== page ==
Dependency Injection in ASP.NET Core with Scrutor

When registering types with an IOC container, configuration can get pretty unruly depending on the size of your project.  One of the things I typically look for in a container is type scanning and conventional registration.  This way, only types that do not fit the convention or use a special scope/lifetime need to be manually registered.  Unfortunately, the built-in ASP.NET Core container does not support type scanning.

Enter Scrutor, an open source assembly scanning library for the Microsoft.Extensions.DependencyInjection framework.  With Scrutor’s fluent interface, developers can easily wire-up dependencies with a convention of their choosing.

Lets take a look at a simple example. Say we have a random number generator.  Over time, it starts getting used by a couple classes throughout our application.  Being the good developers that we are, we want to write unit tests for these classes to see how they react with different sets of random numbers.  In order to mock the RandomNumberGenerator, we create an interface.

Of course, our job doesn’t end here.  We also have to register our class and interface with the IServiceCollection as shown on line 22.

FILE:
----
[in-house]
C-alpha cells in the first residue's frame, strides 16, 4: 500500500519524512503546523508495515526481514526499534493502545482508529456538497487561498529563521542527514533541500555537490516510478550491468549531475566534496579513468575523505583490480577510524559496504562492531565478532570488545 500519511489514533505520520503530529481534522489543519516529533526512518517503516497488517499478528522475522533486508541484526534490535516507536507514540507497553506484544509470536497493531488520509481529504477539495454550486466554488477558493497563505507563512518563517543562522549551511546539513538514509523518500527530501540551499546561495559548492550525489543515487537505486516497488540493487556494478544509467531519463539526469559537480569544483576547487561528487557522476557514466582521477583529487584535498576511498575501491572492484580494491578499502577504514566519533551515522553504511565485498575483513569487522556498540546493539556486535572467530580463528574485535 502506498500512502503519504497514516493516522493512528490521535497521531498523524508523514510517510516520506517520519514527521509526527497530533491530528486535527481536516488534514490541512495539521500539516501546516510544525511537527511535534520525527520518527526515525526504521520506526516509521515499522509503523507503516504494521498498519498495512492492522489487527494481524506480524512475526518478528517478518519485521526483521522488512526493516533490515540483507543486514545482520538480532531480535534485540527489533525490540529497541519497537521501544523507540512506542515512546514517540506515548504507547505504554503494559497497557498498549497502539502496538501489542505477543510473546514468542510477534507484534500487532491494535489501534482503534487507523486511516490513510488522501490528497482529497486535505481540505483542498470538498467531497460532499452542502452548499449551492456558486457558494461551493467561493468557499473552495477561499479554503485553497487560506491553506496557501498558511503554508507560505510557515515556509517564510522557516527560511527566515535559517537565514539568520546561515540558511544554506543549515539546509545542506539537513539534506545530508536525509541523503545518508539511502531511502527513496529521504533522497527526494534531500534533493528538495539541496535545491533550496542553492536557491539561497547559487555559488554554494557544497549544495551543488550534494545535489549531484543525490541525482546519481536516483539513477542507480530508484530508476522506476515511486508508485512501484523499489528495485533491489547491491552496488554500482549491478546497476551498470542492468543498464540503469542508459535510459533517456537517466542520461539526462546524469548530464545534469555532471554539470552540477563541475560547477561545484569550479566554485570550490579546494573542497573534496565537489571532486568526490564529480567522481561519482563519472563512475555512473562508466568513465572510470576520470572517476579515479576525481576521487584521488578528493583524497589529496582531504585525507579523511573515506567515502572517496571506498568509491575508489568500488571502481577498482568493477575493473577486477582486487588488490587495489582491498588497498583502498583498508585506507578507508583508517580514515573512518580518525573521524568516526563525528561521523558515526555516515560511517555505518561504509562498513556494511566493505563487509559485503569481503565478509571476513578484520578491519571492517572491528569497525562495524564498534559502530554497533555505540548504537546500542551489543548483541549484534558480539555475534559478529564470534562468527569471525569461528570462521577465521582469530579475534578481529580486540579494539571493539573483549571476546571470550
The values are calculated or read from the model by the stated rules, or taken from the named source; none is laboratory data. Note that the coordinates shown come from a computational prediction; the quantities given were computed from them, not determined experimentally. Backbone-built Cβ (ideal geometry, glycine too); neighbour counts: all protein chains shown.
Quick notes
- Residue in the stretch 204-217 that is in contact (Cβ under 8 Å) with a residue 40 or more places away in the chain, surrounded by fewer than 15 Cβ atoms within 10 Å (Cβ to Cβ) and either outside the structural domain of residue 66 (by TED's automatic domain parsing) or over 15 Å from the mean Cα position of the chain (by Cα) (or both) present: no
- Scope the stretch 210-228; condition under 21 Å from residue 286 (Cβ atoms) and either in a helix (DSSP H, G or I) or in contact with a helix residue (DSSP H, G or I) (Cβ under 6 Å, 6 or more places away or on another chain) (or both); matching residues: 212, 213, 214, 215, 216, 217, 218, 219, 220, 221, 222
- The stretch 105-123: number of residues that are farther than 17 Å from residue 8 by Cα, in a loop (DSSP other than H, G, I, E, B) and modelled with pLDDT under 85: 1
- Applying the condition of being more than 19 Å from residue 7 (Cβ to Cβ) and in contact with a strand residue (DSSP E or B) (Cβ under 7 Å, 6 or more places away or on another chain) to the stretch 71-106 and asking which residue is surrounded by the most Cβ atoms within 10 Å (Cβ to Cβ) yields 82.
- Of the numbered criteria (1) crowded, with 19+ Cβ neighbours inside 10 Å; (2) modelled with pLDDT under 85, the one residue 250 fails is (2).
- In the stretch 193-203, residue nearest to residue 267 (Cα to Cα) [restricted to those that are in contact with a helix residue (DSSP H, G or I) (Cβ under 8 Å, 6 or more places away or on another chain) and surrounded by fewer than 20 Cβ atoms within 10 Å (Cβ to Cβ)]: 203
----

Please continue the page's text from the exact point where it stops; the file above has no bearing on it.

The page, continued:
Now we can inject the IRandomNumberGenerator interface into any of our classes and the IOC Container will create a “transient” instance of the RandomNumberGenerator class for us.  As our application matures, we notice this is a consistent pattern and our Startup class is filled with type registrations.

The other thing we notice is because our web application is handling all of the type registrations, we are required to have a direct reference to the projects and assemblies of the types we are registering.  This can lead to some undesirable effects.  For example, should our web application need to know or care about our database implementation?

There are a couple patterns that can be used to address these concerns.  As I’ve mentioned previously, type scanning and conventional registration does the trick for me.  This is where Scrutor helps us out.  Lets take a look at lines 22-28 below.

The extension methods provided by Scrutor allows us to scan a set of assemblies of our choosing.  In the example above, we are scanning our application and all its dependencies as long as the name is prefixed by JrTech (no need to scan Microsoft.* and System.* assemblies).  We then take all public classes and if they implement an interface that meets our convention, we automatically register them into the container with Transient lifetime.

With our code in place, we only need to register types that do not meet this criteria.  Most of the time our registrations are handled automatically so, our Startup.cs class can stay nice and tidy!